Synopsis

The Story of Romeo & Juliet
 

Act I
 

Scene I: A Public Square
Verona’s main piazza comes alive with merchants and townspeople including members of the Montague and Capulet families, who have been involved in a feud of longstanding. Among the crowd are Romeo, son of Montague, futilely pursuing the fair Rosaline; Mercutio and Benvolio, friends of Romeo; and Tybalt, nephew of Capulet. A fight erupts between friends and members of the two houses, and only an order by the Prince of Verona restores the peace.

“Two households, both alike in dignity,
In fair Verona, where we lay our scene,
From ancient grudge break to new
mutiny,
Where civil blood makes civil hands
unclean.”

Scenes II–V: The House of Capulet
Juliet, the young daughter of Capulet, is in a frolicsome mood with her Nurse until Lord and Lady Capulet arrive with Paris, a Count, who asks the reluctant girl for her hand in marriage. That evening, Juliet attends a ball given by her parents. Among the guests is the uninvited Romeo. Juliet and Romeo discover each other, and there is an instant attraction.

“My only love, sprung from my only
hate!
Too early seen unknown, and known
too late!
Prodigious birth of love it is to me
That I must love a loathed enemy.”

Scene VI: The Balcony
A restless Juliet wanders out onto her balcony. To her unexpected delight, Romeo appears below. They declare their love for each other in a romantic pas de deux.

“With love’s light wings did I o’erperch
these walls;
For stony limits cannot hold love out,
And what love can do, that dares love
attempt.
Therefore thy kinsmen are no let to
me.”

Act 2
 

Scene I: A Public Square
Juliet’s Nurse comes in search of Romeo with a note from his beloved. He is to meet her at the chapel of Friar Laurence, who will perform the wedding ceremony.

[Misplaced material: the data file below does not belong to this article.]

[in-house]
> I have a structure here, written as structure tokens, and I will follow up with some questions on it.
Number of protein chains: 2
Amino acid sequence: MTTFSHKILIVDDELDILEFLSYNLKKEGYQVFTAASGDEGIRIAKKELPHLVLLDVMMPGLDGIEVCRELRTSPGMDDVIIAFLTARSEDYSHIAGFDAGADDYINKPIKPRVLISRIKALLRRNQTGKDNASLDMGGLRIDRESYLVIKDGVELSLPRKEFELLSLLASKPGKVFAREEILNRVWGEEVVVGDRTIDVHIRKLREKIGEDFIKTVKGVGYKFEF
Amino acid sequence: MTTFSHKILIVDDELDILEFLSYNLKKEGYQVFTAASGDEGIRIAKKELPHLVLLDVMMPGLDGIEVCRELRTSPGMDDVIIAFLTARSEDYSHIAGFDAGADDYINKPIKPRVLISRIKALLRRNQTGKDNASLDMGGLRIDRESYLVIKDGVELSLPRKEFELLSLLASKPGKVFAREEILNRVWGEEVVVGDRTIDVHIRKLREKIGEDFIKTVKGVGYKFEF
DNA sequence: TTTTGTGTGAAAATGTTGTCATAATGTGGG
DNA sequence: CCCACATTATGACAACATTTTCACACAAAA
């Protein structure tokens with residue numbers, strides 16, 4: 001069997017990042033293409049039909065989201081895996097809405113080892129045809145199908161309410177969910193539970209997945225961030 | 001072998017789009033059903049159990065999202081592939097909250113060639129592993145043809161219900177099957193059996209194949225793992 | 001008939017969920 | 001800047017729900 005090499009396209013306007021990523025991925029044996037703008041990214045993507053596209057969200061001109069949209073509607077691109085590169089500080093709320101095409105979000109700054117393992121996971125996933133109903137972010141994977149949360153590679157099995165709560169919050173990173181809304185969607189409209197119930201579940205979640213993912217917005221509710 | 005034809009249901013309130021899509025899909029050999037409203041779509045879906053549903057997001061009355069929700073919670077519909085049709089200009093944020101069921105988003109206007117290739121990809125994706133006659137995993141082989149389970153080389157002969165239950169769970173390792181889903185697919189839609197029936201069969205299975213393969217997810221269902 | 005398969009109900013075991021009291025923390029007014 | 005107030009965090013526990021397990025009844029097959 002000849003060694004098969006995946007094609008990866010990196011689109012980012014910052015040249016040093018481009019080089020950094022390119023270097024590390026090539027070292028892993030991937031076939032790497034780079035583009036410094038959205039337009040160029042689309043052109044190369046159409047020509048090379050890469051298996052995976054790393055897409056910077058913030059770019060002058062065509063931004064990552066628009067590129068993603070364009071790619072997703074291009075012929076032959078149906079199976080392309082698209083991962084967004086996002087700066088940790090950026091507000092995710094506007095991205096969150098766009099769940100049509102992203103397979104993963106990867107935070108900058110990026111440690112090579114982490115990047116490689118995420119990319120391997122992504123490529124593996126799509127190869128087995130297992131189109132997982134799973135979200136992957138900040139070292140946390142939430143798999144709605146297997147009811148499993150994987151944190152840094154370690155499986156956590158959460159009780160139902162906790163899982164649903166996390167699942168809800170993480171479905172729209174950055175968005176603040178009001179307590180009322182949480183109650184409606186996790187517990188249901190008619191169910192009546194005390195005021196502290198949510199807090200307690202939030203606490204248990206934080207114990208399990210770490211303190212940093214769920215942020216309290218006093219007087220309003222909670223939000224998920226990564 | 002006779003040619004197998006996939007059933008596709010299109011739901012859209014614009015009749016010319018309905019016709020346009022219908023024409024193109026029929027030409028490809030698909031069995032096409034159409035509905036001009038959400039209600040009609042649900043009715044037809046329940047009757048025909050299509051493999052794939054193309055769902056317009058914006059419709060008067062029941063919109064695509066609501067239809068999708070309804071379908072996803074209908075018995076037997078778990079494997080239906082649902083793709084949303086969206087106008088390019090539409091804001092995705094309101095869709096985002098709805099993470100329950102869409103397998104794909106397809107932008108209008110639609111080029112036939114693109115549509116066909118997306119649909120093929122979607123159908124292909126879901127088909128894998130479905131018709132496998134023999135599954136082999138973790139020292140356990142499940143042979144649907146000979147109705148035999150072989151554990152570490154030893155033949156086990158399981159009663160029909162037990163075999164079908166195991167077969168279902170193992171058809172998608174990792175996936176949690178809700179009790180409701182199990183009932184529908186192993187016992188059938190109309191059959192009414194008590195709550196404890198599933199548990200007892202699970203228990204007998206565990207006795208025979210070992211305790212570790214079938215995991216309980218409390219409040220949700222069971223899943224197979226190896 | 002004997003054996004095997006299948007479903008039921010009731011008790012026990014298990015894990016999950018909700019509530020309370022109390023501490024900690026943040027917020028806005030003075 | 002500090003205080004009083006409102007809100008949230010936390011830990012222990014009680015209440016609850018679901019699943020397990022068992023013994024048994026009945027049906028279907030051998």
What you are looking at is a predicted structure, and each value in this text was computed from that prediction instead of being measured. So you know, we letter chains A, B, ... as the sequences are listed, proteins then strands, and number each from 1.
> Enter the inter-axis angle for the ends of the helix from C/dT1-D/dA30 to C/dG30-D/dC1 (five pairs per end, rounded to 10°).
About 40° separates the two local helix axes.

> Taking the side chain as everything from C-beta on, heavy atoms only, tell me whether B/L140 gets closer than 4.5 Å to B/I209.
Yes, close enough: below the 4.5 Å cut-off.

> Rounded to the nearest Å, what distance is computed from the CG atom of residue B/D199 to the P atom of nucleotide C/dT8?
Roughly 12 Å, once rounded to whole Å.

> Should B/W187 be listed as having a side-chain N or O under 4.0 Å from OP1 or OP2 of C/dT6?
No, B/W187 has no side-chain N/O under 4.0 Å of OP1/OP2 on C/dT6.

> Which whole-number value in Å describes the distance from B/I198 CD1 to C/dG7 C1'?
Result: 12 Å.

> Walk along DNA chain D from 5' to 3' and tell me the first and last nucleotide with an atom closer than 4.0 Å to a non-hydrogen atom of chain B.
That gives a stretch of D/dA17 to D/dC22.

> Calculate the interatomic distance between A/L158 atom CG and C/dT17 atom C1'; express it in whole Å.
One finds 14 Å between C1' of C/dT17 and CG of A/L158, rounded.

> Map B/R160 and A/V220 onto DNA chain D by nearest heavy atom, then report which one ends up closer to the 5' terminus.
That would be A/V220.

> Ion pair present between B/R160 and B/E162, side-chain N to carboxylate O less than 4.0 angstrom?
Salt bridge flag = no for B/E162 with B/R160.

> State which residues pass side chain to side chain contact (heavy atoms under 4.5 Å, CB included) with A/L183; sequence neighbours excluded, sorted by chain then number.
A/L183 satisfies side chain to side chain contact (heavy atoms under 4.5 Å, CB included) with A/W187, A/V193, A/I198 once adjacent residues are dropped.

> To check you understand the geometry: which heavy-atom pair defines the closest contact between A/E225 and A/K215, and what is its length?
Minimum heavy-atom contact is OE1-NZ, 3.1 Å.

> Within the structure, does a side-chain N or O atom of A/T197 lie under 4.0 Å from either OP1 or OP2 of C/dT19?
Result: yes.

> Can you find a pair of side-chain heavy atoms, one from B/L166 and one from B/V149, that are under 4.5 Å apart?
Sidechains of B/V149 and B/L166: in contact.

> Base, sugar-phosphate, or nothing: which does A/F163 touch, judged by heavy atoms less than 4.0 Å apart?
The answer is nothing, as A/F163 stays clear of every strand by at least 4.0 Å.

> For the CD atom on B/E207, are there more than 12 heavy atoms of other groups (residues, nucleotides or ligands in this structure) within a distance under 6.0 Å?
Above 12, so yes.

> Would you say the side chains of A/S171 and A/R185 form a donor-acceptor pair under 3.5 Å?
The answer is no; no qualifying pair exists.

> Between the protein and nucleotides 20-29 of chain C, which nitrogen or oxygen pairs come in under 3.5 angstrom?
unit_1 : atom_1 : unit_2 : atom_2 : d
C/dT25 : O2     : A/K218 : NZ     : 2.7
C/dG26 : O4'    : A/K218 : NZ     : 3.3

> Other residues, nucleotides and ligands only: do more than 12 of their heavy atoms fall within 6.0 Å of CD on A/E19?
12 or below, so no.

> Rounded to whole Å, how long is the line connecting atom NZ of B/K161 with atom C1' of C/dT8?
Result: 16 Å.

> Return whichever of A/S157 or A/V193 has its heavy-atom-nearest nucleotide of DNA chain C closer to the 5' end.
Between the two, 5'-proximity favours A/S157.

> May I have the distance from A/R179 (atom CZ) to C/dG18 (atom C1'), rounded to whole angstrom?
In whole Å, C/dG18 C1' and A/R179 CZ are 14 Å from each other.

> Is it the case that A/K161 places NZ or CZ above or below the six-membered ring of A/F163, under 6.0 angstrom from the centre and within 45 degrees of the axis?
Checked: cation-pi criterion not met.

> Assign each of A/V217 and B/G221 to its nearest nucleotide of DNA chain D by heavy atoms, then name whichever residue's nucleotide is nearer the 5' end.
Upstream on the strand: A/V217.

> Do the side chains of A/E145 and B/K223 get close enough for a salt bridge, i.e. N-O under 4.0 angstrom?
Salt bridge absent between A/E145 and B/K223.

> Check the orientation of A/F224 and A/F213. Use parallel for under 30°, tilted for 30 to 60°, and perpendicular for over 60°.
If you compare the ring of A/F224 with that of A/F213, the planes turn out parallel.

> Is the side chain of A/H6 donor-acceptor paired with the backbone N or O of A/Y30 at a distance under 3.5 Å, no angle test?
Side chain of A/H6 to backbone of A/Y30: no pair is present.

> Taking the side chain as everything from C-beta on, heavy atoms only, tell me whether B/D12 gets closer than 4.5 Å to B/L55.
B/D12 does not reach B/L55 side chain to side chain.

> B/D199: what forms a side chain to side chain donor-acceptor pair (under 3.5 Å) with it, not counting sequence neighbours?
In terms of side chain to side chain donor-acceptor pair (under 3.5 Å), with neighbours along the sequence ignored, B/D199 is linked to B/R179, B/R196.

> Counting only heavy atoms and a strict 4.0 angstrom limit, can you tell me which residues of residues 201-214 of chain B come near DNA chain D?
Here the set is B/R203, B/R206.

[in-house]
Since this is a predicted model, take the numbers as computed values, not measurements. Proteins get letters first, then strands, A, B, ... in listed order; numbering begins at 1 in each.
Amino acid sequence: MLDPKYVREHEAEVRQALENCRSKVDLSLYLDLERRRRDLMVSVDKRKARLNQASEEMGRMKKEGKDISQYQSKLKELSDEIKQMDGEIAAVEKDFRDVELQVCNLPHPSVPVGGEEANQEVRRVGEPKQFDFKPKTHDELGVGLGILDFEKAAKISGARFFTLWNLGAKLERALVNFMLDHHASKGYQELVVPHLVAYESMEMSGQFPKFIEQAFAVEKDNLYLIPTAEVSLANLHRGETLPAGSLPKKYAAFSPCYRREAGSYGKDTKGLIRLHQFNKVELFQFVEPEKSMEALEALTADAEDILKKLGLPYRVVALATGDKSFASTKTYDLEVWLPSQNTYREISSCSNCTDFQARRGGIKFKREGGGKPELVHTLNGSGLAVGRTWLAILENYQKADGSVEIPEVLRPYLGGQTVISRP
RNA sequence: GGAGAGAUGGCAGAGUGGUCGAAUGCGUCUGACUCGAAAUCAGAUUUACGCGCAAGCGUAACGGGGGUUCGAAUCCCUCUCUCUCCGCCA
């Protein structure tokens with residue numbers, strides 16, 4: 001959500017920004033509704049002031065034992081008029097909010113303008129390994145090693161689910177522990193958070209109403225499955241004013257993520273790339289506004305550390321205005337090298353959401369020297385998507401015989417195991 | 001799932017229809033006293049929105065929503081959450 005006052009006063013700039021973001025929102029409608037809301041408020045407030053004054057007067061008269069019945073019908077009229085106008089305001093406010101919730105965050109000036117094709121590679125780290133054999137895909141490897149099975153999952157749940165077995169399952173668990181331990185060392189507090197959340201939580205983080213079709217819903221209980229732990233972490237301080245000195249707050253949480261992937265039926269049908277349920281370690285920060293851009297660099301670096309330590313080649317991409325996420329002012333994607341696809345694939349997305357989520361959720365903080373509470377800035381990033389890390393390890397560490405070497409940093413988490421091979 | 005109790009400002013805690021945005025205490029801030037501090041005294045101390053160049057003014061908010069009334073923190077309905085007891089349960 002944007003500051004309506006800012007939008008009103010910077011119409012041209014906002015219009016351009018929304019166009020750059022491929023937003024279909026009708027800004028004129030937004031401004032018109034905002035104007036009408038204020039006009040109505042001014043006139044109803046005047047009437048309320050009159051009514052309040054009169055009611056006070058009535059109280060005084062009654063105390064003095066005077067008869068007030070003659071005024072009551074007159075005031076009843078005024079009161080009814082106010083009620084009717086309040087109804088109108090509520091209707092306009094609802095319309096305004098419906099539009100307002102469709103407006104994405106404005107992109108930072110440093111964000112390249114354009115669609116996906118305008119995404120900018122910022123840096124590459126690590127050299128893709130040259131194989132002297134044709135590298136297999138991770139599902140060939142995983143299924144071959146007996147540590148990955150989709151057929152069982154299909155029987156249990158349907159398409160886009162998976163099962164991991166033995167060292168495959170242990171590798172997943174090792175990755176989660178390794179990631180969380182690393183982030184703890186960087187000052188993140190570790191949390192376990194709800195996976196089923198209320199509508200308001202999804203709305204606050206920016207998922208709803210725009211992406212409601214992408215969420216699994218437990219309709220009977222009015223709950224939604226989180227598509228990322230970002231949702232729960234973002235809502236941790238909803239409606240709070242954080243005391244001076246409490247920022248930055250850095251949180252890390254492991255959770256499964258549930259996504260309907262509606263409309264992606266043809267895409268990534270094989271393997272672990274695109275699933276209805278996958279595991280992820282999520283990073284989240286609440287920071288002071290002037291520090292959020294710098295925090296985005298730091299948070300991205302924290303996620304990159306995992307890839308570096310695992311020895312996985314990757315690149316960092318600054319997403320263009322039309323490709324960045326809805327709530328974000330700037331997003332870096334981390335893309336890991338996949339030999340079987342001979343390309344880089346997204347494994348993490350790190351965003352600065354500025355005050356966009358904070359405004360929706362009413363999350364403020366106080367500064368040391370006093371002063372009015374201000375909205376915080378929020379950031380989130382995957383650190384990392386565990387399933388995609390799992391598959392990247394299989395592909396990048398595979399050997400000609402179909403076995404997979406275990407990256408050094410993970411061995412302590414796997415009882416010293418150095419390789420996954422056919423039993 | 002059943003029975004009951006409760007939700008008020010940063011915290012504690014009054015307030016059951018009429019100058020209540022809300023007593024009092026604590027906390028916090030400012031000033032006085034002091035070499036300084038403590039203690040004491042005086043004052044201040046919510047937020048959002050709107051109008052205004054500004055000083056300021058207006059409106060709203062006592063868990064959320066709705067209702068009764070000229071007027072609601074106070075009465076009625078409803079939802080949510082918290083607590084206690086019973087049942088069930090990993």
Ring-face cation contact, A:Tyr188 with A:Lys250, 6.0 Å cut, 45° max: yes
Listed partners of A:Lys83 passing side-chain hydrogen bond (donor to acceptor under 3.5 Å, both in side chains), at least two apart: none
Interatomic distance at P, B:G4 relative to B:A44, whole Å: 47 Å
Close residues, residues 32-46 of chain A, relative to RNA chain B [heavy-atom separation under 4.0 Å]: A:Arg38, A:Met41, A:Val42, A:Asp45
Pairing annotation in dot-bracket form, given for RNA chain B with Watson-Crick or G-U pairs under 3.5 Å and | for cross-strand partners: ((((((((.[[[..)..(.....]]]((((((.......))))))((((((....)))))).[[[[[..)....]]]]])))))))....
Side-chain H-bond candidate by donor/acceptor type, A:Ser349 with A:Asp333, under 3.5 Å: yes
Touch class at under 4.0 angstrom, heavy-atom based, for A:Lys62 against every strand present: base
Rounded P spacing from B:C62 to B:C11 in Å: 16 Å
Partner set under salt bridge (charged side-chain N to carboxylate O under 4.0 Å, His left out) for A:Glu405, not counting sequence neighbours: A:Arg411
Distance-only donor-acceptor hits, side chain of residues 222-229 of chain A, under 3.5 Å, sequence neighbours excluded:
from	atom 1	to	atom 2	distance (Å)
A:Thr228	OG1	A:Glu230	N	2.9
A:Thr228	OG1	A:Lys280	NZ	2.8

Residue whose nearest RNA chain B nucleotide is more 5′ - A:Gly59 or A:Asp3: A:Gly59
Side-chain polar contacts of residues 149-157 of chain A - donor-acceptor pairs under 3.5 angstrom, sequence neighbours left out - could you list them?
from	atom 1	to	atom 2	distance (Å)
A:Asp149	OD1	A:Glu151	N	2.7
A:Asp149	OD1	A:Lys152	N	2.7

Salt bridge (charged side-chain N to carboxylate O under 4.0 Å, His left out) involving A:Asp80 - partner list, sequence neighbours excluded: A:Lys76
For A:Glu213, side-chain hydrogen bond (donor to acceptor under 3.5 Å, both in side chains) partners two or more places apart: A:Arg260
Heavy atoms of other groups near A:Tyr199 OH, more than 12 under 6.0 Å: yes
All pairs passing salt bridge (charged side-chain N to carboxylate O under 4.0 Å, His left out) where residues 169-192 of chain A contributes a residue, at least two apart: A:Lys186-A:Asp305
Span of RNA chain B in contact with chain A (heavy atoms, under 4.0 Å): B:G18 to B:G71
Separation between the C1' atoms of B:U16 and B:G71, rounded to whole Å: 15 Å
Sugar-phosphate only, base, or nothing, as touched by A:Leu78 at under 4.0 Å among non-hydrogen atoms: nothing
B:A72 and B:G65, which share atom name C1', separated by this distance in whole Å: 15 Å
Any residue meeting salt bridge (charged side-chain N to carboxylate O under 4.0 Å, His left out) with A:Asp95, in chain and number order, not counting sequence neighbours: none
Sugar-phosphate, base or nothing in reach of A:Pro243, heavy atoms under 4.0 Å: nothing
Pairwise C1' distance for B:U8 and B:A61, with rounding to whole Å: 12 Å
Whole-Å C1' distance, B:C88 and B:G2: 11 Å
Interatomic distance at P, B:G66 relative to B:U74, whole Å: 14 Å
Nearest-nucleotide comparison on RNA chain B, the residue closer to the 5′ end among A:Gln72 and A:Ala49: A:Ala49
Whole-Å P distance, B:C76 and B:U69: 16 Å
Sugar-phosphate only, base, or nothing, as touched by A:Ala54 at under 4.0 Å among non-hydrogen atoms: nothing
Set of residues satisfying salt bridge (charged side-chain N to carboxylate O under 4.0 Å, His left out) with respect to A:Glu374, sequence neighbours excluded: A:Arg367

“Then plainly know my heart’s dear love
is set
On the fair daughter of rich Capulet;
As mine on hers, so hers is set on
mine.”

Scene II: Friar Laurence’s Chapel
Romeo and Juliet are married in secret by Friar Laurence.

“So smile the heavens upon this holy
act...”

Scene III: A Public Square
Tybalt emerges from the crowd and draws his sword at Mercutio, who retaliates. Romeo tries to put a halt to their swordplay. But a duel ensues, and Tybalt kills Mercutio. An enraged Romeo exacts revenge for his friends’s death, fatally stabbing Tybalt. The Prince forever banishes Romeo from Verona.

“And if we meet, we shall not scape
a brawl,
For now, these hot days, is the mad
blood stirring.”

Act 3
 

Scene I: Juliet’s Bedroom
The newlyweds awaken and express their love and their fears in a passionate pas de deux. Romeo takes his leave. The Capulets arrive with Paris, and Juliet informs them that she will not marry him. Juliet’s parents threaten to disown her.

“More light and light—more dark and
dark our woes!”

Scene II: Friar Laurence’s Chapel
A distraught Juliet implores Friar Laurence to help her. He gives her a potion to drink that will induce a sleep so deep, she will appear to be dead. But Friar Laurence will get word to Romeo that Juliet is very much alive. Romeo will come for her, and the couple will flee Verona together.

“Come weep with me—past hope,
past cure, past help!”

Scene III: Juliet’s Bedroom
Juliet agrees to marry Paris. Later that night she drinks the potion. In the morning, Juliet’s friends arrive to celebrate her wedding. But no one can arouse her from her sleep, and all believe she is dead.

“What if this mixture do not work at all?
Shall I be married then tomorrow
morning?”

Scene IV: Outside Verona
As word of Juliet’s death begins to spread, Friar Laurence dispatches a messenger to Romeo with the news that Juliet is, in fact, alive. But word fails to reach him, and Romeo decides to return to Verona to die beside his beloved.

“How fares my Juliet?”

Scene V: The Capulet Tomb
Juliet is buried. After the mourners have gone Romeo enters the crypt and finds Paris already there. The two men fight, and Paris is mortally wounded. Romeo then drinks poison and dies. Juliet awakens from her sleep and discovers Romeo’s body. She stabs herself, and joins Romeo in death.

“For never was a story of more woe
Than this of Juliet and her Romeo.”

Approximate program length: 2 hours, 40 minutes.

Composer: Sergei Prokofiev
Choreographer: Helgi Tomasson

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